Cleveland’s black community has strong feelings about new abortion billboards

 

CLEVELAND, Ohio — The rollout of a new billboard campaign called My Abortion, My Life is sparking a lot of conversation around Cleveland, including in the city’s predominantly African American community. And that’s exactly the intent, according a Cleveland.com article that has been shared by more than 77,000 readers.

The billboards are set up to look like a fill-in-the-blank question on a quiz — and all of the answers challenge negative stereotypes about abortion. One reads, “Abortion is necessary.” Another: “Abortion is a family value.”

Preterm, an abortion care and sexual health services provider, is responsible for the billboard campaign.

Preterm’s campaign comes on the heels of a recent anti-abortion bill that was signed into law by Gov. John Kasich in December. The new law, which passed despite some opposition from Kasich’s fellow Republicans, makes it a crime for a doctor to end a pregnancy based on knowledge of Down Syndrome. The genetic disorder is typically associated with physical and intellectual delays, as well as conditions such as heart defects and respiratory or hearing problems.

In a statement to Scene Magazine, Preterm executive director, Chrissie France said that such laws chip away at abortion rights. “In response, Preterm is sending a powerful message to our legislators with this billboard campaign,” she said.

One politically astute observer in the local black community, Mark Dixon, told 50 States of Blue the campaign’s simple messaging and quick call to action (namely, to visit Preterm’s website) contain all the elements of marketing success. Mark Dixon worked in marketing for about a decade at the now defunct Pioneer-Standard Electronics, Inc., distributor of IBM, Digital, Compaq, Hewlett Packard and other consumer electronics.

Most of all, Dixon said, the campaign has people talking — and not always in a good way.

Roshawn Sample, executive director of Union-Miles Development Corporation, a community engagement group in Cleveland, told 50 States that Preterm’s messaging is unacceptable. “No way should those signs have been put in place without input of residents,” she said. Sample added that she believes the campaign negatively targets African-American and urban communities, and said that no such messaging is found in suburban or affluent communities. She argued that content addressing healthcare disparities, contraception, and sex education would serve a far greater purpose. “Preterm offers many services that are greatly needed in communities of color. However, the billboards miss the mark and have disappointed many,” she said.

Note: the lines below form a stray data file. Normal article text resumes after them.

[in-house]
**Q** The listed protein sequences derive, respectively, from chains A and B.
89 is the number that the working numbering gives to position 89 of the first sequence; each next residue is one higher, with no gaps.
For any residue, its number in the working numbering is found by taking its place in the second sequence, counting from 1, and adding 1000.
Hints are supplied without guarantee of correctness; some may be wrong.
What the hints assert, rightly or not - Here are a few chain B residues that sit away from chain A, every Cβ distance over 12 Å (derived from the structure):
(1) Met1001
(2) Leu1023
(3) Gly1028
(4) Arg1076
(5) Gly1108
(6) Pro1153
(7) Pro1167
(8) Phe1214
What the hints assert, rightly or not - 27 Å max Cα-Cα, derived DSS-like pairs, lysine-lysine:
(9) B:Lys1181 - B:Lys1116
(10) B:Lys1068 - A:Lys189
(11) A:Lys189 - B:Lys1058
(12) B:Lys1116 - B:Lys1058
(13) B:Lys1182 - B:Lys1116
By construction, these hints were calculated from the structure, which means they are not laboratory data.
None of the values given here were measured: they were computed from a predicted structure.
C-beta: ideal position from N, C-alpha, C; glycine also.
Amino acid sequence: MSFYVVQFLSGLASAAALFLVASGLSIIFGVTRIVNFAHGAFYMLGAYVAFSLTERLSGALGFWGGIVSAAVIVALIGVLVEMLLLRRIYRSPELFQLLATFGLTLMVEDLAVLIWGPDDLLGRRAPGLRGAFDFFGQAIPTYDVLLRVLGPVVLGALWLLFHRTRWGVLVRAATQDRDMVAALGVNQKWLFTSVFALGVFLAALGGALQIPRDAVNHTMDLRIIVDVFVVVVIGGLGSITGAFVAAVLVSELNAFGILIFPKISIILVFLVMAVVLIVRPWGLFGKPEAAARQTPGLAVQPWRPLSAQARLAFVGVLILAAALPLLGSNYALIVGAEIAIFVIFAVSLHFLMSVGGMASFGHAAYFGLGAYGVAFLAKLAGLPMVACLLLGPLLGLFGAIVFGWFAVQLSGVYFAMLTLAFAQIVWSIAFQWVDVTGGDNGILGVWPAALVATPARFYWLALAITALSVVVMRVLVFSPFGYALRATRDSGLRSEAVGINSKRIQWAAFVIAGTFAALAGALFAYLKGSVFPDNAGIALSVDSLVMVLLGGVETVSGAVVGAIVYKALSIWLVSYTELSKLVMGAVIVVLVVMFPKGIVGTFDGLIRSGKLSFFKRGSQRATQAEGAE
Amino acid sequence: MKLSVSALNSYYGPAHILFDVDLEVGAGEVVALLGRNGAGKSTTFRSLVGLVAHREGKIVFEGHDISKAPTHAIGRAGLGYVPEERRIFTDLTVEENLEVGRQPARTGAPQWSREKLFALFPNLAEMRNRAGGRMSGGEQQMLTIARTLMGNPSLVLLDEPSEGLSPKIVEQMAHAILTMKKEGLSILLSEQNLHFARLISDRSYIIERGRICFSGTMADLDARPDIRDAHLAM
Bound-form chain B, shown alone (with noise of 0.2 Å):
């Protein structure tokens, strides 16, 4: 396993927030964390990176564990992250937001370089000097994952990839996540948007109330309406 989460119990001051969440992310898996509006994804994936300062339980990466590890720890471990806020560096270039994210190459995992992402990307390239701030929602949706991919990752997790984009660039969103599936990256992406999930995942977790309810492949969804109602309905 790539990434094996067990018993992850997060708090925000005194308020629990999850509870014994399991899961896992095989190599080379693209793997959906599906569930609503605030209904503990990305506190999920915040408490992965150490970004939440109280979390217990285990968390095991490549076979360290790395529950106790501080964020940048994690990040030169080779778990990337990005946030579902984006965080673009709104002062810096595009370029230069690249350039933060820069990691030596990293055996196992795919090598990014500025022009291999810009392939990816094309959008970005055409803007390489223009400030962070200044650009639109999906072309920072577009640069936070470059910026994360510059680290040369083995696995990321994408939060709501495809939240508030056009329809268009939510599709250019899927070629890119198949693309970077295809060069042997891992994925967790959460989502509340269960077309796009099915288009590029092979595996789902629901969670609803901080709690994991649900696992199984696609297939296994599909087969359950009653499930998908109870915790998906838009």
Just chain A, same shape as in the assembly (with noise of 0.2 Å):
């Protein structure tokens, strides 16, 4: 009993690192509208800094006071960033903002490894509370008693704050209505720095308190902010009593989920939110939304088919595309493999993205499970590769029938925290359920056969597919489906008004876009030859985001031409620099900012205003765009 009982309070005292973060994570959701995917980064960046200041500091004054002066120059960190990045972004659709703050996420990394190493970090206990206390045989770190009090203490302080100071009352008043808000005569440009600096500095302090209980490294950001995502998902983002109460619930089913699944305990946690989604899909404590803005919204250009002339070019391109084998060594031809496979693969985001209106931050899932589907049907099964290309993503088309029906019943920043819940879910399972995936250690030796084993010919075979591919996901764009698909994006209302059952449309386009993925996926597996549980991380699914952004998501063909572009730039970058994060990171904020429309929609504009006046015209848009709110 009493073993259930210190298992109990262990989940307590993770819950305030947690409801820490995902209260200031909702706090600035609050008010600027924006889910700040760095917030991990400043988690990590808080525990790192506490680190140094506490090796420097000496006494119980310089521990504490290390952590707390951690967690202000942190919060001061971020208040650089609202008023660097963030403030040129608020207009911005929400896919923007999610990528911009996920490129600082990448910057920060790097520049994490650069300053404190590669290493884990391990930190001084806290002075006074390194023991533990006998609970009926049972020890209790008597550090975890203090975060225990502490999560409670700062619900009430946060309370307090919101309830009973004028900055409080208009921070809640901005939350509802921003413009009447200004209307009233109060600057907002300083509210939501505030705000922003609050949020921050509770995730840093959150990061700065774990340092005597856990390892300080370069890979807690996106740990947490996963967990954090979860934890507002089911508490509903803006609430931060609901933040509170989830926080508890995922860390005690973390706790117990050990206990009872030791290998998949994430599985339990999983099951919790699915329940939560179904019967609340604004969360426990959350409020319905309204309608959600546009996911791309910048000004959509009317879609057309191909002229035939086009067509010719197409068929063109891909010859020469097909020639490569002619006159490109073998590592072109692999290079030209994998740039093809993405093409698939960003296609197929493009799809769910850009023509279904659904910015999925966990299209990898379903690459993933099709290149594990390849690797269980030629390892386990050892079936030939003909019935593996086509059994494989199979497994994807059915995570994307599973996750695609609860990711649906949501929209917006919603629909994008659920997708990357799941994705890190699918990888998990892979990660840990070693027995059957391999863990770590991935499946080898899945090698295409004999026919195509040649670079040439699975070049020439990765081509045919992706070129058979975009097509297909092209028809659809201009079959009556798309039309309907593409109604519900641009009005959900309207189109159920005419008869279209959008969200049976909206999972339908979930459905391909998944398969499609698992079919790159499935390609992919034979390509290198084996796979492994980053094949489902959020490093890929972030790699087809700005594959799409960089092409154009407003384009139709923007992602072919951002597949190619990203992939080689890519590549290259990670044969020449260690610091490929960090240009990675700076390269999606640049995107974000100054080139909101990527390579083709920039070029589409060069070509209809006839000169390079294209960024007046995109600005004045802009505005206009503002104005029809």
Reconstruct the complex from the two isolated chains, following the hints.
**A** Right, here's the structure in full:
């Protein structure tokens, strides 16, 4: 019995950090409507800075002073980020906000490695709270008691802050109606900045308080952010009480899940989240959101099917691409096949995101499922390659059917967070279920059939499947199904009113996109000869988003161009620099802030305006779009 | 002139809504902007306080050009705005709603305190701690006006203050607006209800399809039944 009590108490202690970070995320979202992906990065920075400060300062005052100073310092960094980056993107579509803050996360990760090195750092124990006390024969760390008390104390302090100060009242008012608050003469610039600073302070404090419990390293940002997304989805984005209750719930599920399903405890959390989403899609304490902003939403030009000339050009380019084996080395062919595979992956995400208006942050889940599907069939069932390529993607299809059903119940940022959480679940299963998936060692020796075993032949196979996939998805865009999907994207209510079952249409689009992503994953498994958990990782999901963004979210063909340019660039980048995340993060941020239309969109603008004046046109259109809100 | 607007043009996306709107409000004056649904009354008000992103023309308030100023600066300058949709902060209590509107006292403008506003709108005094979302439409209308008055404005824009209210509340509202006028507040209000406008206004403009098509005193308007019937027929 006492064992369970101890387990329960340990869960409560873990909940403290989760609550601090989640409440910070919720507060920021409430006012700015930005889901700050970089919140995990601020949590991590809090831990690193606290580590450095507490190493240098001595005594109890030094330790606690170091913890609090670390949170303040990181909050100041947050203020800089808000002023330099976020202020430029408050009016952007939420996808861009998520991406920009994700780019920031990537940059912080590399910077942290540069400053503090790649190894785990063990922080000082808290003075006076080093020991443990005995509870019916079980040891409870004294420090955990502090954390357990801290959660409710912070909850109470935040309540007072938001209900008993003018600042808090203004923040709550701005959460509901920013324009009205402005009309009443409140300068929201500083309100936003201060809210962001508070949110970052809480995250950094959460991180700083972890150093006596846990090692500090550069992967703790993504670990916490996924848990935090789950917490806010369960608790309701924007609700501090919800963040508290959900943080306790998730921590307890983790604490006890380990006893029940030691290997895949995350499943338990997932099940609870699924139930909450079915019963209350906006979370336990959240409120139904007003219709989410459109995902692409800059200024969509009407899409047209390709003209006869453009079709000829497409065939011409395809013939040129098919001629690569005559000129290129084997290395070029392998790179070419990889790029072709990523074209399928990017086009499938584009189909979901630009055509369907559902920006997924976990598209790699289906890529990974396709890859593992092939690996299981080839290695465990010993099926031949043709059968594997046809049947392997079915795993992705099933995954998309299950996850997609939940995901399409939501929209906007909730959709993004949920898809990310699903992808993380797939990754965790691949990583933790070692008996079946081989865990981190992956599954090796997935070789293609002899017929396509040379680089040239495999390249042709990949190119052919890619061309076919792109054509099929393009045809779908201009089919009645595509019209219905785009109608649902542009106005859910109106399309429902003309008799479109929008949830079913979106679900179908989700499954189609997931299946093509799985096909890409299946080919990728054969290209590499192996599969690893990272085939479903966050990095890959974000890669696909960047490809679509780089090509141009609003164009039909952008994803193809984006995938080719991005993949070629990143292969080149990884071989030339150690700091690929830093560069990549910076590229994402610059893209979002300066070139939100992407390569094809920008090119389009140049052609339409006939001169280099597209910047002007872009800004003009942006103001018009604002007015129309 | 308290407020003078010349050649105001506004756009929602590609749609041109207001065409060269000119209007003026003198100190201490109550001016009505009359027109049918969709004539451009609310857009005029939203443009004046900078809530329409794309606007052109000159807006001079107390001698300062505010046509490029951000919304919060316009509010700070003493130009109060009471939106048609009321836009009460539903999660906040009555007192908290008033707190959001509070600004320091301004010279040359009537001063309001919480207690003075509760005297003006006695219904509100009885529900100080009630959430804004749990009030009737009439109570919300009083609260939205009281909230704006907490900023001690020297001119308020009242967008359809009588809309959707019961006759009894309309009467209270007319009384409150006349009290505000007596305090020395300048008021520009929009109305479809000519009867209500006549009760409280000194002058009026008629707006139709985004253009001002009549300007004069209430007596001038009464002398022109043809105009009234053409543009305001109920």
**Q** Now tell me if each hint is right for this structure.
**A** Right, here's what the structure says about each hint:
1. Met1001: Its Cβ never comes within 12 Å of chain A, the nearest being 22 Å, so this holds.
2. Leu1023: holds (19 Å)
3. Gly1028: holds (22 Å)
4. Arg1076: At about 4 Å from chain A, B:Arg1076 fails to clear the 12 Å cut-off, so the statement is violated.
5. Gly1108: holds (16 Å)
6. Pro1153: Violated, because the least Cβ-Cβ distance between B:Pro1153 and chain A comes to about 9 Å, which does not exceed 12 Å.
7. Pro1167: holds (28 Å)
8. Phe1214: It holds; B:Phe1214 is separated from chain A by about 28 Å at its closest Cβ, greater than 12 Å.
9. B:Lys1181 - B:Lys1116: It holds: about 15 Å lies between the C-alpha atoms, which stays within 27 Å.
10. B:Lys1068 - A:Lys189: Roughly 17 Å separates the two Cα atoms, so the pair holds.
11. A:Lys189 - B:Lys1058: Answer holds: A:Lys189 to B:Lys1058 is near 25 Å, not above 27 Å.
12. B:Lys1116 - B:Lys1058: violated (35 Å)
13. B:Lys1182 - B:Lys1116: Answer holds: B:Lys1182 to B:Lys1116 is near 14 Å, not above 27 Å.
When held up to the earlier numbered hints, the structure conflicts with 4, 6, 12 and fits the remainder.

“Actually I hate all the messages,” said Meredith Turner. The former longtime Community Liaison to U.S. Senator Sherrod Brown contends the billboards are “promoting death” rather than choice. “Who wants to wake up bombarded with these messages, she asked.” Turner called the messages insensitive and echoed Sample’s sentiments.“These billboards miss the mark. I don’t see them in other communities, only in black communities.”

Notably, however, the idea that abortion services or ads are “targeted” at black communities is a common anti-abortion myth — for instance, fewer than 4 percent of Planned Parenthood clinics are located in communities where more than one-third of the population is black.

In 2014, Ohio Right to Life posted a controversial series of billboards of their own, including one featuring a black couple and the slogan “Fatherhood starts in the womb.” Some black women criticized those ads as racist for promoting negative stereotypes about black fatherhood and shaming black women who seek abortion. It’s also surprisingly common for pro-life advocacy groups to compare abortion to slavery, or even argue that it constitutes “black genocide” — arguments that many black women consider racist and offensive, since they compare black women who seek abortion to murderous slaveholders.

Some in the community think Preterm’s messaging is fine as is, and many advocates argue that bold messaging like Preterm’s is necessary to fight social stigma around abortion. But many in Cleveland’s African American community think messages like “Abortion is a family value” are too bold, and should be replaced by sentiments like “Abortion is your right.” 

Newly elected Ward 7 Cleveland City Councilman Basheer Jones said he’s had an initial conversation with Preterm CEO, Chrisse France, and that she is very open to sitting down with him and working with the community on any issues they may have regarding the billboard campaign.

Like Sample and Turner, Jones also said he believes a woman should have the right make her own medical decisions. The 33 year-old went on to say he is only concerned with the objections to messaging and target placement that his constituents want him to address with France and her team.

Indeed, the primary criticism in this particular abortion debate appears not to be about Preterm as an organization — rather with a concern that this new billboard campaign could be perceived as promoting negative stereotypes about black women and abortion, and a belief that focusing on contraception, education, and equal access to healthcare are more important.

Still, despite this kind of backlash — and despite the conventional wisdom that the black community often aligns with white conservatives on the issue of abortion — black Americans actually support abortion rights at slightly higher rates than whites. And when pollsters ask questions that make clear distinctions between moral and legal views about abortion, support rises even higher. In one poll, 8 in 10 African Americans agreed with the statement that “regardless of how I personally feel about abortion, I believe it should remain legal and women should be able to get safe abortions.”

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